Giving evidence against Saatchi ‘career suicide’

Former employee tells fraud trial those who speak up against the art dealer are ‘blackmarked’

A former financial assistant to Charles Saatchi has told a court that giving evidence against the multimillionaire was "essentially blackmarking" herself from working in the art world again.

Testifying on Monday in the trial of two former personal assistants of art dealer Mr Saatchi and his then wife Nigella Lawson, Sharrine Scholtz said the couple allowed staff to spend company money on designer goods, beauty treatments and leisure classes.

Ms Scholtz, who worked under Mr Saatchi's finance director Rahul Gajjar for four-and-a-half years until 2009, spoke of the stress connected with her job, having to work 19-hour days before signing a compromise agreement and agreeing to "go quietly".

Prosecutor Jane Carpenter claimed Ms Scholtz, who set up an art gallery while still employed by Mr Saatchi, was in court to assist sisters Elisabetta and Francesca Grillo, who deny fraud.


But Ms Scholtz replied: “I have everything to lose by standing up here and nothing to gain.”

She said she was “committing career suicide by speaking up” and insisted: “I’m here to speak the truth.”

Asked by Anthony Metzer QC, defending Elisabetta, to elaborate on the comment, Ms Scholtz, 29, said: “Anybody who speaks up against the Saatchi gallery is essentially blackmarking themselves from working anywhere in the art world.”

Ms Scholtz, who broke down in the dock as she recalled working for Mr Saatchi's Conarco company until she received a sizeable payout to leave, said her role was to log entries relating to company credit card spending by Mr Saatchi's and Ms Lawson's personal assistants, including the Grillo sisters.

The defendants are on trial at Isleworth Crown Court, west London, accused of spending £685,000 on credit cards belonging to the celebrity couple to buy designer goods and luxury holidays.

Elisabetta, 41, and her 35-year-old sister, both of Kensington Gardens Square, Bayswater, west London, each deny a single count of committing fraud by using a company credit card for personal gain between January 1st, 2008, and December 31st last year.

Ms Scholtz said expenses were filed under several types, including “entertainment” and “staff welfare”.

Asked by Mr Metzer to elaborate on the credit card expenditure which Ms Scholtz was required to scrutinise, she said: “Entertainment was for restaurants, as far as I can remember, tickets perhaps to events and shows.

“Staff welfare — I cannot really remember what I posted under that. I suppose it would be clothes and things like that.

“(Beauty treatments) would probably go under staff welfare too.”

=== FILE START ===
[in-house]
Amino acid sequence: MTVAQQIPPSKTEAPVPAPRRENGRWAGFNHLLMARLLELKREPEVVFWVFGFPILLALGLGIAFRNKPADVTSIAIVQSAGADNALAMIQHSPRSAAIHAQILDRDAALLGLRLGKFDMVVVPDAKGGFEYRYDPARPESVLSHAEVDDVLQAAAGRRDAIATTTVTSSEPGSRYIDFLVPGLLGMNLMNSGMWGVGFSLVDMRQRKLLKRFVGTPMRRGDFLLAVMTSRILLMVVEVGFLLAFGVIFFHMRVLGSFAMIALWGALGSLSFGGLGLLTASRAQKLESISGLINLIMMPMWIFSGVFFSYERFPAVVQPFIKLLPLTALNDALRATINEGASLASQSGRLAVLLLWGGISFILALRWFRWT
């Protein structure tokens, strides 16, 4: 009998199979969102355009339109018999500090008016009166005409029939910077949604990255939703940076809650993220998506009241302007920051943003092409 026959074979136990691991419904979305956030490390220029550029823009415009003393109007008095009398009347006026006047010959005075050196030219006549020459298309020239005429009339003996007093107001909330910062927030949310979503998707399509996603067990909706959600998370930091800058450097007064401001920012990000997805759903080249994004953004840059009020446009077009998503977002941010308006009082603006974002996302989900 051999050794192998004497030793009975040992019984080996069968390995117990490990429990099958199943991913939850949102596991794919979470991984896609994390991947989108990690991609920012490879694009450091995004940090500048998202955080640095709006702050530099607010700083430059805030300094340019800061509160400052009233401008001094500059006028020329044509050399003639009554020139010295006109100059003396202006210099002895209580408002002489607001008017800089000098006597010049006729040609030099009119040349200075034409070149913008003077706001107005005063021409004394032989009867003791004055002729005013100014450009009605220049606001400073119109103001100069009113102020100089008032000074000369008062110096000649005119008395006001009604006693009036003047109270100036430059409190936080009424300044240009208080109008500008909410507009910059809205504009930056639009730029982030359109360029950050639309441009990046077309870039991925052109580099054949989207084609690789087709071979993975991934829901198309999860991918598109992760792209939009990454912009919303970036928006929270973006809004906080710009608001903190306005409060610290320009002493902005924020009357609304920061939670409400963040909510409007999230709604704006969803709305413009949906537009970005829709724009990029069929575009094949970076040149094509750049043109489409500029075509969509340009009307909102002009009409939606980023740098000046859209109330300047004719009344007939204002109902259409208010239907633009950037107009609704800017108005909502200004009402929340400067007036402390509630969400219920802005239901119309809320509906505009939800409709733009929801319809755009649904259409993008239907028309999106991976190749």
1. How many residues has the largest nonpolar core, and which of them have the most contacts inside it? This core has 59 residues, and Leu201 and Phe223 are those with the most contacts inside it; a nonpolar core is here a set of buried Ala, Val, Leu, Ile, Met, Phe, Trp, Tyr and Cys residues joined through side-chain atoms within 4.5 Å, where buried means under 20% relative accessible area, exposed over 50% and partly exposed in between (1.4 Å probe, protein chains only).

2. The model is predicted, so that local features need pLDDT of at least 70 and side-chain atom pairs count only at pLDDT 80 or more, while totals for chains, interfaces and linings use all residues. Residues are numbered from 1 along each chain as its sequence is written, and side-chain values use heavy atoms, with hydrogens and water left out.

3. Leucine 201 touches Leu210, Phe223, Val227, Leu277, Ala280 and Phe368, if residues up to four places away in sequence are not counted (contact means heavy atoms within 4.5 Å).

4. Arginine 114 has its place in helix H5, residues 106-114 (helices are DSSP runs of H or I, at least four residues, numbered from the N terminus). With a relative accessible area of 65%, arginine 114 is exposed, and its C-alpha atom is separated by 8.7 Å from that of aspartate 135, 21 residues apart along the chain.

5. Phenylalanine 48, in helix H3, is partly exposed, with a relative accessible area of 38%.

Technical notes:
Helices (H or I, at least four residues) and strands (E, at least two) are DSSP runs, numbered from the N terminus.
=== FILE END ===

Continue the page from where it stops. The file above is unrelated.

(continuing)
Ms Scholtz, who was 20 when she started working for Mr Saatchi, told the court she “was not aware” of every time staff were allowed to put personal expenses on the company account.

She also said there was no way to tell what was business and what was personal expenditure on the cards.

Under cross-examination by prosecutor Ms Carpenter, Ms Scholtz said: “It wasn’t up to me to differentiate between business and personal. I was taught to categorise and put it through.”

Asked by Mr Metzer if members of staff were able to spend on designer goods, Ms Scholtz said: “As far as I was aware, they were authorised by Nigella and Saatchi. It would come under staff welfare.”

When he asked if she thought there would be “consequences” if she did not sign the compromise agreement, Ms Scholtz replied: “Perhaps I would have been sat there instead of Francesca and Elisabetta.”

Asked by Mr Metzer about working conditions at the company, Ms Scholtz said if Mr Saatchi wanted something done, he wanted it done “yesterday”, causing laughter from the public and press galleries.

In character references read to the court by Mr Metzer, Elisabetta, also known as Lisa, was described as “honest” and “trustworthy”.

Jane Winkworth, founder of the French Sole shoe company, employed Elisabetta as a sales assistant in one of her stores for three-and-a-half years from October 2004.

She said Elisabetta was an “exemplary employee” who eventually became an assistant store manager, and said when she heard of the fraud allegations: “I was very shocked because this is totally out of Lisa’s character.”

Elisabetta currently works as a sales assistant, with her current boss Rose Wakefield, who hired her in November 2012, saying in a statement: “She has never given me any cause to doubt her trustworthiness.”

The Grillos’ other sisters also provided references, with Michaela saying Elisabetta was “sweet and intelligent” and Anna-Maria describing her and Francesca as being at the heart of their family.

An ex-boyfriend of Elisabetta said she appeared fond of Mr Saatchi and Ms Lawson, adding: “I remember her telling me about the Saatchi-Lawson family only in a positive way.”